Wednesday, 30 June 2010

The Weird and Strange Return of Rafe McGregor

Rafe McGregor, excellent crime / horror writer, author of the great and depressingly hard-to-find The Architect of Murder, has just rereleased paperback / electronic versions of two of his short story collections via Lulu.

Now it's no secret that I'm friends with Rafe and thus completely biased when it comes to his work.  But in my defence I'd point out that, since I'm far too honest for my own good, I only ever manage to stay friends with writers whose work I really like, and that's certainly always been true of Rafe.  For that reason, I feel totally justified in pimping these collections - and also because I've read (and pulled apart earlier drafts of) all of the stories therein and I know that they range from good to excellent.  For the record, my personal preference would lean slightly towards Six Strange Cases, which contains three of my all-time favourite Rafe McGregor tales, but if you have any affection for the authors Rafe namechecks below then you won't go far wrong with either.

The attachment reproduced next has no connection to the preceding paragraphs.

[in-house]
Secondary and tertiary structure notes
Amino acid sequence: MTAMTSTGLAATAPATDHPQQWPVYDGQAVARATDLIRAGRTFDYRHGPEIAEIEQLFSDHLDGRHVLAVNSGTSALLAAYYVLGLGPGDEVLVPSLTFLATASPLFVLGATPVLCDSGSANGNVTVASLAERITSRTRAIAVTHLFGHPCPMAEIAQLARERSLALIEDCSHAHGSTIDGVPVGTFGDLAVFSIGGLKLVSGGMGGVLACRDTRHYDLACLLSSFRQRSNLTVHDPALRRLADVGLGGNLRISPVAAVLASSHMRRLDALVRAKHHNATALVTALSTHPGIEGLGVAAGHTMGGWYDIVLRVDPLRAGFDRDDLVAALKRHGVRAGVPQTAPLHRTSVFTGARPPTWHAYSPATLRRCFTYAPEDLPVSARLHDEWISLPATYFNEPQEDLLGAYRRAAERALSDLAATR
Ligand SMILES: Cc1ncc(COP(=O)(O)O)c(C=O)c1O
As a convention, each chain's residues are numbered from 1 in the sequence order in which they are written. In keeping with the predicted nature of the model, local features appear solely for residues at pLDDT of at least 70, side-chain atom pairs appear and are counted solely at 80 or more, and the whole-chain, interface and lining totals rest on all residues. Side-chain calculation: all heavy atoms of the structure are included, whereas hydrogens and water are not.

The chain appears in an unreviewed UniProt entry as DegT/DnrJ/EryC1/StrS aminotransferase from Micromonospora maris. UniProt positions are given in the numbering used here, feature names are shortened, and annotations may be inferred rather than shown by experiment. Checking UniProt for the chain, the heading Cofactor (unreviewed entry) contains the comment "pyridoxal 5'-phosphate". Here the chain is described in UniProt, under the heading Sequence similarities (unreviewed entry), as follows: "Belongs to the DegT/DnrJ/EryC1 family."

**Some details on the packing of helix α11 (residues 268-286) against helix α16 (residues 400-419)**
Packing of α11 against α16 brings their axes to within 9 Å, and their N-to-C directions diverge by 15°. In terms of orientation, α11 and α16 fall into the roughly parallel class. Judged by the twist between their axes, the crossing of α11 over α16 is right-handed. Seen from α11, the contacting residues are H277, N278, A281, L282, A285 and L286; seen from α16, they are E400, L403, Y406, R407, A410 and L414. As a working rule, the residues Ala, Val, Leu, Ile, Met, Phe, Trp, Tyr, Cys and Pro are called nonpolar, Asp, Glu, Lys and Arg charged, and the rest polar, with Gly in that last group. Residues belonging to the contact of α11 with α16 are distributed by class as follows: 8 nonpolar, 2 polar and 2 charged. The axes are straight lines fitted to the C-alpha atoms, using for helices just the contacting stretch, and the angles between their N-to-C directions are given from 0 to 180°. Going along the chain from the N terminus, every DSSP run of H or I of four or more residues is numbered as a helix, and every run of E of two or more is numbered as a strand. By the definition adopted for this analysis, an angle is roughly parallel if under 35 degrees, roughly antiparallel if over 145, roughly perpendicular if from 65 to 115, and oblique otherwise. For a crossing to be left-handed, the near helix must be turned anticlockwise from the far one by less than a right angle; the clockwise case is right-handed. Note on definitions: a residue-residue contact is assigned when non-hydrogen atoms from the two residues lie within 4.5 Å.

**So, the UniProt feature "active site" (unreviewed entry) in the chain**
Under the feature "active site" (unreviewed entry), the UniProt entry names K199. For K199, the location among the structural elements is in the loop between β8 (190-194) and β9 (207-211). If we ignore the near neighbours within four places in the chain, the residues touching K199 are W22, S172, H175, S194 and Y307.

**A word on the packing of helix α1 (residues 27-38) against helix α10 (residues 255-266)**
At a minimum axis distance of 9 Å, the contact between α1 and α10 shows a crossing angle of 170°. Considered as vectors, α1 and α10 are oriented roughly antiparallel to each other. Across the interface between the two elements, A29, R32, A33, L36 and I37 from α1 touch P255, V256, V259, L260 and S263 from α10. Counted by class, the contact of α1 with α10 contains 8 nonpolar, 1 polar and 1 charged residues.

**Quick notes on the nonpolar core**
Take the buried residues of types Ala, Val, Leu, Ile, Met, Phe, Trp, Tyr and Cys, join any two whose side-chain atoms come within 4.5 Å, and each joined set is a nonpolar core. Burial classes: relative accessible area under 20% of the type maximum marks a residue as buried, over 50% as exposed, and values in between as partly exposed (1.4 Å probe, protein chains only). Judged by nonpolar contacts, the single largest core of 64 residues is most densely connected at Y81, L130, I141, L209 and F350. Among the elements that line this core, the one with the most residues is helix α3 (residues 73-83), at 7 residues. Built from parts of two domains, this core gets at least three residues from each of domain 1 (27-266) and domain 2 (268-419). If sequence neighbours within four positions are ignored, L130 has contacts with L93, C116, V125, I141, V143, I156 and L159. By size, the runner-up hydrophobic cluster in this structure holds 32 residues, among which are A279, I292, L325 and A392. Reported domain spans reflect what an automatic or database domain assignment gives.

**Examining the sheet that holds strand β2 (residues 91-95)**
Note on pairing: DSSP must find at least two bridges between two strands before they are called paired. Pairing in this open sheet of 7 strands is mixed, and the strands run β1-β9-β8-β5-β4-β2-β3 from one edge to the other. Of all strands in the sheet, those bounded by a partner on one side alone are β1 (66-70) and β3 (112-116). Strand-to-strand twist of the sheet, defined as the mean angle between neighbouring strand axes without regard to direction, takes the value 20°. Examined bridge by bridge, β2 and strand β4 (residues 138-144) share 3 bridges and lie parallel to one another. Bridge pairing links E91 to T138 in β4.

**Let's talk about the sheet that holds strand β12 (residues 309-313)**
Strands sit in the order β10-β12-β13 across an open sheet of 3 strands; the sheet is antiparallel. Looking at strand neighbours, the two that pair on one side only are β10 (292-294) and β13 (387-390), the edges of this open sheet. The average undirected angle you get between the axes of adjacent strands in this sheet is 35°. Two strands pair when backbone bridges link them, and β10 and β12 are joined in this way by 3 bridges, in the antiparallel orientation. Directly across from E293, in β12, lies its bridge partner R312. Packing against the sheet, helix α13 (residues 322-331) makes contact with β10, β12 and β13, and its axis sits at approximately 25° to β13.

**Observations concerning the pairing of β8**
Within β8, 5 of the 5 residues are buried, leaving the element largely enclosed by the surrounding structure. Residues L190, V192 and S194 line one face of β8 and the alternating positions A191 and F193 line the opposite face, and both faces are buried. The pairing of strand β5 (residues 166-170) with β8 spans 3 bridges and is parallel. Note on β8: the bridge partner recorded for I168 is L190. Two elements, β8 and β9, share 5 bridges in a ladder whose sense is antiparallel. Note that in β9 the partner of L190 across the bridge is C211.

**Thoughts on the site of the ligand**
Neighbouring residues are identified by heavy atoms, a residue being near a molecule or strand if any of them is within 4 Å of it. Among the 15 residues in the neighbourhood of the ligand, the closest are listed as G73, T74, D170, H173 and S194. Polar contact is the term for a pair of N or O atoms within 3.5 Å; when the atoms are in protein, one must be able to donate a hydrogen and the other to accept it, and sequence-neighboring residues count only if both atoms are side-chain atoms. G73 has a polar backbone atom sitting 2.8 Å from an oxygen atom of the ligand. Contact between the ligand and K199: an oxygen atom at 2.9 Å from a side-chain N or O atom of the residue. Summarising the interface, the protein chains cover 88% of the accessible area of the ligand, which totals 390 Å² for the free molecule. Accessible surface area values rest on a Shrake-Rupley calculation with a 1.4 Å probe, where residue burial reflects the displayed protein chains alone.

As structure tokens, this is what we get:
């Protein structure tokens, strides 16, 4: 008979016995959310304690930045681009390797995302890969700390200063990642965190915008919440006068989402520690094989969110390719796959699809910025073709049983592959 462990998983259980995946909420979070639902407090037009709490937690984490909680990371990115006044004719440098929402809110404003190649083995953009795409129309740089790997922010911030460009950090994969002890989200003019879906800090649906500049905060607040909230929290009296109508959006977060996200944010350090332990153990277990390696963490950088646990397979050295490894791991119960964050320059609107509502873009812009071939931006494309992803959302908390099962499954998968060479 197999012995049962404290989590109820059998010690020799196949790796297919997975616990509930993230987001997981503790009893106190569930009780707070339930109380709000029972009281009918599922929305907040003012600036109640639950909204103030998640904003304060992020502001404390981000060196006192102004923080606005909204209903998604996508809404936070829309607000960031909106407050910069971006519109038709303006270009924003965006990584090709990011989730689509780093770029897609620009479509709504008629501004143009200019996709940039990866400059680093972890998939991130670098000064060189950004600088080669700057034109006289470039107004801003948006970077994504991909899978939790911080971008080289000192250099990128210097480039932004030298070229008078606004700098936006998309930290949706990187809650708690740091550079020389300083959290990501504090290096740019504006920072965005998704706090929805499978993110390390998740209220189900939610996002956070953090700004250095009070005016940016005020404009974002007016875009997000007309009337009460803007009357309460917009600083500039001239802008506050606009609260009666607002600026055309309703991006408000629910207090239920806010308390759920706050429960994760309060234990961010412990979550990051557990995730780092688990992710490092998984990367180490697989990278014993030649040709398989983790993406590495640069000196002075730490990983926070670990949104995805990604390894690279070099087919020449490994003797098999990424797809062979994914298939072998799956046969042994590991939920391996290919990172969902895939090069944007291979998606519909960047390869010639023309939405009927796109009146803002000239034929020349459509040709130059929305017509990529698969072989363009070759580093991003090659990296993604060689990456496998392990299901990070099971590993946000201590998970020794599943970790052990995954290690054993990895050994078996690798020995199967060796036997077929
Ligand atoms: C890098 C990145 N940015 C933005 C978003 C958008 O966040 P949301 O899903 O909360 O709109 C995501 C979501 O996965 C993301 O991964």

Sherlock Holmes makes an unexpected intervention in a murder case.  A curious woman investigates the dark secrets harboured within the ancient chapel of a ruined castle.  An antique ivory hunting horn will spell fame and fortune for Professor Goodspeed.  An age-old duel ends in Ruritania.  An eldritch voice draws a lonely man ever closer to the drowned town of Lod...

Eight short tales, each directly inspired by a master of the mysterious or supernatural - Arthur Conan Doyle, H.P. Lovecraft, Anthony Hope, or M.R. James - which will send chills down your spine...

Private investigator Titus Farrow is doomed by an encounter with the Chambers Scroll.  Roderick Langham solves the mystery of the ‘Demeter’ from his armchair by the sea.  A failed author goes in search of the barghest for inspiration.  A missing person case turns even nastier than blackmail.  Sweeney Todd meets his match.  These six stories make a gripping journey through ‘The King in Yellow’, ‘Dracula’, ‘Sweeney Todd’, and the noir fiction of the pulp era.


  1. I met Rafe a few years back in Bristol and he seems to have vanished, is he still writing? If possible, please pass on my regards, thanks, Alison Bruce,

  2. Hi Alison. No, I'm afraid Rafe packed in the writing a couple of years ago now. His website gives some information on his current endevours: